Inflation expected for operating materials and supplies

Plant engineers can expect a steady dose of inflation for operating materials and supplies in 2003. Upward price pressures are strong for 13 industries. The key to the price outlook lies in our understanding of the underlying cost and margin challenges that manufacturers face. In 2003, the PLANT ENGINEERING operating materials and supplies price index rose 1.

04/08/2004


Plant engineers can expect a steady dose of inflation for operating materials and supplies in 2003. Upward price pressures are strong for 13 industries.

The key to the price outlook lies in our understanding of the underlying cost and margin challenges that manufacturers face. In 2003, the PLANT ENGINEERING operating materials and supplies price index rose 1.1%, but manufacturing costs grew 3.4%. The result of a persistent price/cost escalation mismatch has been to bring margins down into dangerous territory. Indeed, analysis of manufacturing-related margins shows four industries sporting record F-minus grades and nine others with an F.

Consider the case of the drawn and rolled copper products (SIC 3351). Here we see an industry that has been hammered by hikes in materials costs as well as energy prices. Domestic materials for this industry jumped 6.85% in 2003, while costs for imports increased an even faster 7.99%.

Meanwhile, energy costs for manufacturing of all products grew in most cases by double digits. Fabricators of copper products as well as steel plate work suffered the most in 2003 as energy costs for these two industries soared 11.63% and 12.06%, respectively. The only industries to be hurt even more by high energy costs were in the chemicals sector. Here we see that energy cost inflation hit 17.24% for makers of surface active agents.

The price forecasts shown here were calculated in November 2003, before the fourth-quarter data were complete. Manufacturer prices generally are tending to outstrip our forecasts, so expect upward revisions ahead. In future columns we will explore the 2004 and 2005 outlook for underlying costs as well as producer prices, but we will be shifting from SIC to NAICS codes.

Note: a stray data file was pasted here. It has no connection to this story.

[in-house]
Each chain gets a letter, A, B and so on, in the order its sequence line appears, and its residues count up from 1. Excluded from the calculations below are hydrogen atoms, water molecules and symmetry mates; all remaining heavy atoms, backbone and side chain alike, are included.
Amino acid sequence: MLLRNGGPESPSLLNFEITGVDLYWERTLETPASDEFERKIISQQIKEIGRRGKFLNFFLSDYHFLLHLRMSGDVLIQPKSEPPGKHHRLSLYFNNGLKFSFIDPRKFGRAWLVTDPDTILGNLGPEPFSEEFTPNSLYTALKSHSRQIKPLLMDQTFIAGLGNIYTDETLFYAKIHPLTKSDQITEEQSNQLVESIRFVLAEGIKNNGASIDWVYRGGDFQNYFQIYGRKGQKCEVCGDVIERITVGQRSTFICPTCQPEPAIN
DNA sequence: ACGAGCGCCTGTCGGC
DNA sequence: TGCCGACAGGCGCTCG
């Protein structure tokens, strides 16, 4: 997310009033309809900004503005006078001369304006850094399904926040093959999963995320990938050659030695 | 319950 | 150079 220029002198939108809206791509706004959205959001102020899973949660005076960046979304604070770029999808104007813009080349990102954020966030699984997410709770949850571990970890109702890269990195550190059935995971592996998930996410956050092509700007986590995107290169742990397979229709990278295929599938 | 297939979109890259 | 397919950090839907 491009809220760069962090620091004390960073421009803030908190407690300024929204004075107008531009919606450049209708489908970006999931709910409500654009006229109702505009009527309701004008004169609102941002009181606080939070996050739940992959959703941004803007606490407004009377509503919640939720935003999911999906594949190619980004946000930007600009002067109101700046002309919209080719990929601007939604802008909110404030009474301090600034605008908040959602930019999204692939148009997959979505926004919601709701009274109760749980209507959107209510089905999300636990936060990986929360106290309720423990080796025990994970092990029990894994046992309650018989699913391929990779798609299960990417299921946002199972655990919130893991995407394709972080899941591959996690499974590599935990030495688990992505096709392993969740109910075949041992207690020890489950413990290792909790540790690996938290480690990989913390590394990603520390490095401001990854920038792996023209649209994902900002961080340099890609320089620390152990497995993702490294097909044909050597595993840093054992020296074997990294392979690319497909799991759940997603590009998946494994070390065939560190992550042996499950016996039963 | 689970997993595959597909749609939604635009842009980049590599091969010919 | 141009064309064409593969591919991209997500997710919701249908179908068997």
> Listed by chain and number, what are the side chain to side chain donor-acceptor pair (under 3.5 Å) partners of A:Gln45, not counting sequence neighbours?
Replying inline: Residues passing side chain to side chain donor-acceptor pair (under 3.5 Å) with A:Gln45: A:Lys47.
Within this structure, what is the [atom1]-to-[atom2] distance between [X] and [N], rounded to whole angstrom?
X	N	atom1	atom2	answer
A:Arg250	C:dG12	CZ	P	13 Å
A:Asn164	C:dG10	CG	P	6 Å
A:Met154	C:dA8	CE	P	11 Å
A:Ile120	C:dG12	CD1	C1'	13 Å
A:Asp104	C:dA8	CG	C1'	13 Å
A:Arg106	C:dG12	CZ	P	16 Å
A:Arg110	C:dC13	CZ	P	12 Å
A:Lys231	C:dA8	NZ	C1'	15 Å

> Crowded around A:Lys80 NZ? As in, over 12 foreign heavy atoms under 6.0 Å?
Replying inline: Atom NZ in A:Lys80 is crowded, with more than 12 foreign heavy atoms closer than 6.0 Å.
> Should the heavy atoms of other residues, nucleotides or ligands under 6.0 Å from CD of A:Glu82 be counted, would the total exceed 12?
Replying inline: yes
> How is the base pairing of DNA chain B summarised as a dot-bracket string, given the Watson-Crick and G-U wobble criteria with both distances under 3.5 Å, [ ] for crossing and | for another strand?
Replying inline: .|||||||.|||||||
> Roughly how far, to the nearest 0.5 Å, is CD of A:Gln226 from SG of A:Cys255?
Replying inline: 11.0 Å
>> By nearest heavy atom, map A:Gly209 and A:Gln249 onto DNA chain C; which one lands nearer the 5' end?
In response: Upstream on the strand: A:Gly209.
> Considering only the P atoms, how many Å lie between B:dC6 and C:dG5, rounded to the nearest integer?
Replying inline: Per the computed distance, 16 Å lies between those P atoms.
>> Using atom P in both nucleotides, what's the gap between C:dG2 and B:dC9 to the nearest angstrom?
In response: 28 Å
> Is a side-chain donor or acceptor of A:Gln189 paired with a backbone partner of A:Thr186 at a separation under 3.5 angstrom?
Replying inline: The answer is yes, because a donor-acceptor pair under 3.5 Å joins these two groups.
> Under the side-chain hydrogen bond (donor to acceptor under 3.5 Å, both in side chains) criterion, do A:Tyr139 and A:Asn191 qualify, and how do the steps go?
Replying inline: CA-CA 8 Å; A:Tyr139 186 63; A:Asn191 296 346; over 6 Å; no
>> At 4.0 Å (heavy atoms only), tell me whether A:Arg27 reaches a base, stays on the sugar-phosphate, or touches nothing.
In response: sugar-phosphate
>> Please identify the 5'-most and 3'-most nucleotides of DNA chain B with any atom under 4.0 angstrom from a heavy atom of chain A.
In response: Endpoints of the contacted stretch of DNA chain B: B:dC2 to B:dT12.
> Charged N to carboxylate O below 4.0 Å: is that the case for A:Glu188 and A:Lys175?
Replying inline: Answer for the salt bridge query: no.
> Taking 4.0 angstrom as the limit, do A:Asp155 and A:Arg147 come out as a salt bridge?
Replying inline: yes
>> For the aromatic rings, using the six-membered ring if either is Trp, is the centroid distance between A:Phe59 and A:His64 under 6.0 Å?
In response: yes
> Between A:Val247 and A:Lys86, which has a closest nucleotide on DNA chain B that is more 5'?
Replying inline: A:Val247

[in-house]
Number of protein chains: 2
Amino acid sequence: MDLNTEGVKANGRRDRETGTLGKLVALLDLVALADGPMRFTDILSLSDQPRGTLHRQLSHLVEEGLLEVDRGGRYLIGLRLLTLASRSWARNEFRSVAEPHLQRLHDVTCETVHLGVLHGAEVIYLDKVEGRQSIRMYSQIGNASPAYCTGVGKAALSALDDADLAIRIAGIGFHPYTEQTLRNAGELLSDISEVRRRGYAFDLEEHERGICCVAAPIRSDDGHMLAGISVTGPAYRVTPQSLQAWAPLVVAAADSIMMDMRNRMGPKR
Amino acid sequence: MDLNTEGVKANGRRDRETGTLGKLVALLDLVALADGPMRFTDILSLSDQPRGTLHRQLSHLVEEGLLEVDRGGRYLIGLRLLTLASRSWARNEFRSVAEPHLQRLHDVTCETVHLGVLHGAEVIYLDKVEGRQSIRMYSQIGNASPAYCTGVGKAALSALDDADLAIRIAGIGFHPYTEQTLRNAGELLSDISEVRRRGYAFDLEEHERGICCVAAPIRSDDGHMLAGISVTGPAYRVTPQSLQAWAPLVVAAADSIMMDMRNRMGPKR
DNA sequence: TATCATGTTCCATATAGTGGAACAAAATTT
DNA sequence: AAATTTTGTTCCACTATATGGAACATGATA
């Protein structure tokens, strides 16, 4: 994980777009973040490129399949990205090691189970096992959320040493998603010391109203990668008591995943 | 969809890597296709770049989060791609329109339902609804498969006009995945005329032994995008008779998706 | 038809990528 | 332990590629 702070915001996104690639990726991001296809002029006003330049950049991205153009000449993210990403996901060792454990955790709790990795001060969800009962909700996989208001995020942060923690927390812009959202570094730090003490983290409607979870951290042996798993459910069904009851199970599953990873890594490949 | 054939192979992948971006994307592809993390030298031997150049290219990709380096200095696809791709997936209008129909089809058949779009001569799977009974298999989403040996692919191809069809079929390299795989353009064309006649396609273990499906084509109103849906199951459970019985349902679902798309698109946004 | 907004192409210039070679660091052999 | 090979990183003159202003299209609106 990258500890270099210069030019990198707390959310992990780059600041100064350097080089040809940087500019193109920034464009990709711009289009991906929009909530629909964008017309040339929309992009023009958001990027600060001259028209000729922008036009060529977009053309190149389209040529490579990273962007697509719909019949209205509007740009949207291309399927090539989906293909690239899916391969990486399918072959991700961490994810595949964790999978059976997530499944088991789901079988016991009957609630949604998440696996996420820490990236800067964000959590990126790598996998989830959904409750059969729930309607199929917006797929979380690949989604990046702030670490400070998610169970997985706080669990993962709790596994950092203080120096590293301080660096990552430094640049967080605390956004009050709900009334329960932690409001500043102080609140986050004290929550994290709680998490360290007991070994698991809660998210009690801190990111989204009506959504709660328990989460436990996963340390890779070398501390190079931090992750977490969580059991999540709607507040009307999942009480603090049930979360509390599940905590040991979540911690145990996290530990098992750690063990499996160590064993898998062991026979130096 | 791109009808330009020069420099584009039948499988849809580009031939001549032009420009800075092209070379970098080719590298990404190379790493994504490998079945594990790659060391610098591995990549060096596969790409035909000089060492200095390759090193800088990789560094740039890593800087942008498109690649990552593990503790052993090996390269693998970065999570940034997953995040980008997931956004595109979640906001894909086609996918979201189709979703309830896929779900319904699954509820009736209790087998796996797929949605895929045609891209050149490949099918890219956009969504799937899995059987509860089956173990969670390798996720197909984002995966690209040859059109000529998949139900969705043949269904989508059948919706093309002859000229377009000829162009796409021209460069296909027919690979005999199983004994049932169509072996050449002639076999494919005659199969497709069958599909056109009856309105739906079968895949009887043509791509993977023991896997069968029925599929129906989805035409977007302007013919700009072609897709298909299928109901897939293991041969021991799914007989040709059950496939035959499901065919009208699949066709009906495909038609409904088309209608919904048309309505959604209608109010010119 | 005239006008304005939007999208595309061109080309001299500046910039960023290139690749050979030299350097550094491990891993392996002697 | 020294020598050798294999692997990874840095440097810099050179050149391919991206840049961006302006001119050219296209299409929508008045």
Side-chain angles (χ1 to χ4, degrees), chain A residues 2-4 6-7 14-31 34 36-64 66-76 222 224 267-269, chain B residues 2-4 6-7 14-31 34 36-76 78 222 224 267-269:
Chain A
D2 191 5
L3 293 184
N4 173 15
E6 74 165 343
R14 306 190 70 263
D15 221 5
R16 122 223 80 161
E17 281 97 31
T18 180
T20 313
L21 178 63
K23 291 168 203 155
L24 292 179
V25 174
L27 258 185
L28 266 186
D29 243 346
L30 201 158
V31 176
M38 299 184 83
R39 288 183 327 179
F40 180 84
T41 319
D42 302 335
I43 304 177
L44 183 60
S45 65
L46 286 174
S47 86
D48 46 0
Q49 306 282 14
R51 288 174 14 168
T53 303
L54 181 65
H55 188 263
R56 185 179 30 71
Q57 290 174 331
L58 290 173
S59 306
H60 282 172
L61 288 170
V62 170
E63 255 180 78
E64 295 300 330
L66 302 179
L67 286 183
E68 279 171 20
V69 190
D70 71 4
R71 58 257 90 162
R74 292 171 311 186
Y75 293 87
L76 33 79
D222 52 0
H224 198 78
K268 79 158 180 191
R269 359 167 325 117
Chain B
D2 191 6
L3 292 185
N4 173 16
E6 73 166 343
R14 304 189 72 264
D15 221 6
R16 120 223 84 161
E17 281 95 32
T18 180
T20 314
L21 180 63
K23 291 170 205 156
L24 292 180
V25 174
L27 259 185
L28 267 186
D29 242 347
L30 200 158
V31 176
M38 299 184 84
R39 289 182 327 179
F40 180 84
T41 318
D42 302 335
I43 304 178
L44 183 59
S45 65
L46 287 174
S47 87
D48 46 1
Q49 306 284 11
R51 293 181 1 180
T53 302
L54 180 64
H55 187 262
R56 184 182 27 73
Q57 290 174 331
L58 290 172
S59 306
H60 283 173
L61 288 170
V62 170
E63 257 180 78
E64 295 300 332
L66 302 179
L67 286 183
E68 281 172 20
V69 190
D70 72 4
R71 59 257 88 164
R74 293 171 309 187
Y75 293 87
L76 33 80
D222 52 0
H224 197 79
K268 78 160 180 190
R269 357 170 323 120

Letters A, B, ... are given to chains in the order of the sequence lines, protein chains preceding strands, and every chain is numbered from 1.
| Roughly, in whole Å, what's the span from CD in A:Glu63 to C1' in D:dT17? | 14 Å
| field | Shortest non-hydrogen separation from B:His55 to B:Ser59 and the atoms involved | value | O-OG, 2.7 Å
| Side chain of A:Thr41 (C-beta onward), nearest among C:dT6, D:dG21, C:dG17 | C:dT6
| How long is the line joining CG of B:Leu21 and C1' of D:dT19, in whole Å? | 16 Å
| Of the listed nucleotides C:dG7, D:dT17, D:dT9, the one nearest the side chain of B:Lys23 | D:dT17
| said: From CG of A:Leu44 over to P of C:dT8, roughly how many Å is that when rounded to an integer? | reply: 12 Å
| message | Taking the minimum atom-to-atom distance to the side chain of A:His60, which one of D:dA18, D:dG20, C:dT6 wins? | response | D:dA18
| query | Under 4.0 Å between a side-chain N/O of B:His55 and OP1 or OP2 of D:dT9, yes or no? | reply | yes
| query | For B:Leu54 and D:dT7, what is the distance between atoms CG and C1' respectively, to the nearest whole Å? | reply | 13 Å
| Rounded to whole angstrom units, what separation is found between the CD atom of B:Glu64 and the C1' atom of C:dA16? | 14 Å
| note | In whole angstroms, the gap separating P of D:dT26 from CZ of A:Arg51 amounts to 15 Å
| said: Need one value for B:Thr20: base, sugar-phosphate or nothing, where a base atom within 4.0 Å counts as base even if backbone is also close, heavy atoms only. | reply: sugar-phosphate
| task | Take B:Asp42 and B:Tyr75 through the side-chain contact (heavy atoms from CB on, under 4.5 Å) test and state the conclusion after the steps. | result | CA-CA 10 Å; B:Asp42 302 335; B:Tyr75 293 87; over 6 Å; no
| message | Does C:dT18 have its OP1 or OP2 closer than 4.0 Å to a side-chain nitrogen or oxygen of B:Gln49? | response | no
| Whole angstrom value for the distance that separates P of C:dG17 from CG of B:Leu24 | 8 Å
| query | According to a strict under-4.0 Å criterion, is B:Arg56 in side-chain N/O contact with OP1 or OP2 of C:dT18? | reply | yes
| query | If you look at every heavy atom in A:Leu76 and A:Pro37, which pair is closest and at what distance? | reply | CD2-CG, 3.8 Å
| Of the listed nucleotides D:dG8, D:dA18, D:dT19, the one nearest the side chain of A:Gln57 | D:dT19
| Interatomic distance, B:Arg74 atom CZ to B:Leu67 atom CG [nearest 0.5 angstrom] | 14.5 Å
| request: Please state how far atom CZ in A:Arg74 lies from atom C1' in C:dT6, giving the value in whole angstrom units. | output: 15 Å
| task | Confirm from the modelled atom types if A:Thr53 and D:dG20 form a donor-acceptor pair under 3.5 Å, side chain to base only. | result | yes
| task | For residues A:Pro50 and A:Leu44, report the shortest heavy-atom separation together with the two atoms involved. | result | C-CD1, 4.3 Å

Price/cost/demand roundup

Major Components of Manufacturing Costs Average Product Prices
Annual % Change in 2003 Annual % Change
Industry SIC Domestic materials Imported materials Production labor Energy 2003 Forecast 2004
1 Average product price changes are calculated from the producer price index for each 4-digit SIC (standard industrial classification) industry from the U.S. Bureau of Labor Statistics.
2 Analyses of each industry's direct manufacturing cost changes are from Thinking Cap Solutions, Inc.'s proprietary Industry Cost Escalation (ICE) model. The "grade" indicates that recent price/cost changes have produced record high (A+) margins to average margins (C) to record low (F-) margins for the average producer in an industry. Grades of A to A+ mean plant engineers may be able to strike a better bargain with suppliers and better control plant costs.
3 Growth in U.S. end markets data are from the ICE model and are estimates of output for the domestic end markets which purchase a given industry's products.
All data prepared and presented by Thinking Cap Solutions, Inc., Port Angeles, WA (telephone: 360-452-6159; e-mail: ebaatz@ice-alert.com).
Wood Pallets and Skids24483.626.713.0610.542.48na
Polishes and Sanitation Goods28423.980.972.7511.810.680.80
Surface Active Agents28435.112.112.7517.241.141.15
Adhesives and Sealants28916.332.992.1511.950.781.06
Lubricating Oils and Greases29923.451.520.7915.453.212.40
Rubber and Plastics Hose and Belting30522.862.042.6712.142.231.25
Abrasive Products32912.842.364.577.350.280.70
Steel Wire and Related Products33152.642.162.7110.722.240.50
Copper Rolling and Drawing33516.857.990.4211.631.981.60
Nonferrous Wire Drawing and Insulating33574.315.700.878.260.461.00
Heating Equipment, except Electric34331.392.663.0910.391.691.00
Fabricated Plate Work, Boiler Shops34431.723.634.9412.060.220.75
Bolts, Nuts, Rivets and Washers34521.583.882.1410.160.160.45
Industrial Valves34911.523.441.947.571.351.60
Fluid Power Valves and Hose Fittings34921.543.442.116.821.351.80